Something a bit different this week. I toyed with this square unit when playing around with half-rectangle triangles awhile back, then finally decided to alternate its orientation and colour to produce a more interesting design.
I realised when shading in this pattern that there are stars (or maybe pinwheels) hidden at the juncture between 4 squares. I coloured the same pattern in a slightly different way to reveal them (I should have used 2 colours with more contrast, but hopefully you get the idea):
Can you see them? The stars/pinwheels in blue point clockwise, whereas the ones in black point counter-clockwise. The white diamonds and triangles then become the whitespace in the pattern, rather than the focal point.
I love how a single quilt pattern can look so different depending on the colour (or fabrics) you use.
I would probably make this pattern using half-rectangle triangles, but you could also do it as elongated (4:1) flying geese (although I don’t think Bloc Loc do a ruler for that!). If you wanted to feature a single piece of fabric in the large diamond shape (i.e. not 4 half-rectangles), you could piece or paper-piece that unit by modifying the square-in-a-square technique.
I went to see Archie Roach at the Melbourne Recital Centre on Saturday night. The gig was fantastic. Archie played songs from his forthcoming album, Let LOVE Rule, some of which were accompanied by the Dhungala Childrens Choir and members of the Short Black Opera.
The backdrop to the stage was a huge projection of this pixelated image of Archie (which also graces the cover of his new album).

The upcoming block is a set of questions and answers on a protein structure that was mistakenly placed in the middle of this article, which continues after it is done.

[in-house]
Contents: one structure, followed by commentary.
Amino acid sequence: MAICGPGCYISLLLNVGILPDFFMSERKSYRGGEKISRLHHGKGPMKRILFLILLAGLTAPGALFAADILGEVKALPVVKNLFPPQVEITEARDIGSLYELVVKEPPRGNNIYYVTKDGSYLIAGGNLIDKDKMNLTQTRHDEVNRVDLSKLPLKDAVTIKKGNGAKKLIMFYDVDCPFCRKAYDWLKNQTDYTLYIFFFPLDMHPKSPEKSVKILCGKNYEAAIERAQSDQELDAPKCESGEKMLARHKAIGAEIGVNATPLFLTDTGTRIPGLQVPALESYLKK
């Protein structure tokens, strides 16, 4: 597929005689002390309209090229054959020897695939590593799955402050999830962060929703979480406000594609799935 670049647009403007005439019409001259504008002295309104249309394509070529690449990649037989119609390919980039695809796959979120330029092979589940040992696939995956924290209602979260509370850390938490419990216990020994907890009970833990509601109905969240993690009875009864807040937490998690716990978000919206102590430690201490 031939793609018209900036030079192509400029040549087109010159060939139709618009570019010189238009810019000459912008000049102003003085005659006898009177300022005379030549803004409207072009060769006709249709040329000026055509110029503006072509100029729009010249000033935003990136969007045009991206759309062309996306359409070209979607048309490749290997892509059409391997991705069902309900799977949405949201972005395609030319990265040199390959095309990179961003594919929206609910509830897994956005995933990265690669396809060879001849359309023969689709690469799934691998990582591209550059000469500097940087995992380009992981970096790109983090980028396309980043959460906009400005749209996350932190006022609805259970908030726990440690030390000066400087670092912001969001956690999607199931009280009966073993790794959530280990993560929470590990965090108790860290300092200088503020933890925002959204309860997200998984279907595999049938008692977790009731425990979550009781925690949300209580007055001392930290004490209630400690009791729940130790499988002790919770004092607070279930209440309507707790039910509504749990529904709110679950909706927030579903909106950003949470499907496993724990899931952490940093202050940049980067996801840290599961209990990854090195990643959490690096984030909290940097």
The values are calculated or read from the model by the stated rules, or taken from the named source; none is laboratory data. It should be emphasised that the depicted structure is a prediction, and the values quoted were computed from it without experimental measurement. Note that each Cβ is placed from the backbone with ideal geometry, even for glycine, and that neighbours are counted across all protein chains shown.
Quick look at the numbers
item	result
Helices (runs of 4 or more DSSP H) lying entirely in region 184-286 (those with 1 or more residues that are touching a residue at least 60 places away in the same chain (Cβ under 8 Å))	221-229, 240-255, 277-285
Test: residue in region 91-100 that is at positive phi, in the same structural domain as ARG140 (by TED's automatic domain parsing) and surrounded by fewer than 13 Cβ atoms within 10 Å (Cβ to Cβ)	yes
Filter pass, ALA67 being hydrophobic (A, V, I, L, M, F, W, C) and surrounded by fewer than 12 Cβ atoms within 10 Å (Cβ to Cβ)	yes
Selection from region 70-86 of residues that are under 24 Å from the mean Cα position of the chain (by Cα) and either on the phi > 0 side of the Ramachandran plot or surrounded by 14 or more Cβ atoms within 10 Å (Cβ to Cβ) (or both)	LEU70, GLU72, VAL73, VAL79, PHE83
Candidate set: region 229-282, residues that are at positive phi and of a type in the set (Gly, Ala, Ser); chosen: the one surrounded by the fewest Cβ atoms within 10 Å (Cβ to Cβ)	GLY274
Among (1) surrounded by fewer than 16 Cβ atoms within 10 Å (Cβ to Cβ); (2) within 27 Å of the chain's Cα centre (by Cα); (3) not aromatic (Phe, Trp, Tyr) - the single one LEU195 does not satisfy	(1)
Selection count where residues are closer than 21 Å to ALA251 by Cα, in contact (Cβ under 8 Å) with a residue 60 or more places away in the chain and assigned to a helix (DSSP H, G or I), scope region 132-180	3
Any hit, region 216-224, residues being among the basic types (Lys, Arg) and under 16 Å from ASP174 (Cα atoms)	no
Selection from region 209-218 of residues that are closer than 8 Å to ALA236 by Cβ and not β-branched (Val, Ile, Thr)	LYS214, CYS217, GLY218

I hate to admit it, but I spent a large portion of the gig staring up at this image and figuring out how big a finished quilt would be if each pixel were a 1″ square (answer: pretty big).
Afterwards, when trying to track down the image online, I discovered that the portrait was part of the Letgo Room, created by Chinese artist Ai Weiwei as part of the Andy Warhol / Ai Weiwei exhibition at the National Gallery of Victoria in late 2015 / early 2016. Archie Roach was one of 20 Australians depicted, whom Ai chose because of their activism or advocacy for human rights and free speech.
Ai’s initial aim was to create the work using Lego®, but the Danish manufacturer refused to fulfil a bulk order of the plastic building bricks if their use was for political purposes (it’s since reversed that policy). Australians donated their spare Lego in droves, but it’s not clear if Ai used these bricks or imitation bricks to complete his work.
I’ve always been a fan of pixelated imagery – all the way back to my high-school art class, when I translated a photo from a magazine ad into a hand-shaded, ~A0-sized pixelated image (inspired by this 1985 movie poster… yep, I was in high school in the 80s). It’s probably not so surprising that I’ve found another art form (or craft form) that relies on the same straight lines and gridwork.
A common theme to my designs is the repetition of simple shapes. Here, an isosceles triangle lying at an angle within a square.
The design could be coloured to reveal the alternating bow-ties or each group of 4 triangles arranged in a square formation (which are easiest to spot in the top left or bottom right of the frame).
The same shape arranged randomly produces a completely different effect.
I’m not sure which one I prefer! I’m a big fan of regularity and consistency, but I also like the ‘ordered chaos’ that arises when a single unit is arranged in unexpected ways.
Each unit could be constructed from an isosceles triangle, 2 half-rectangle triangles (for the sides) and a half-square triangle (for the base). But in the interests of precision (second only to my love of consistency), I think I’d go for paper piecing.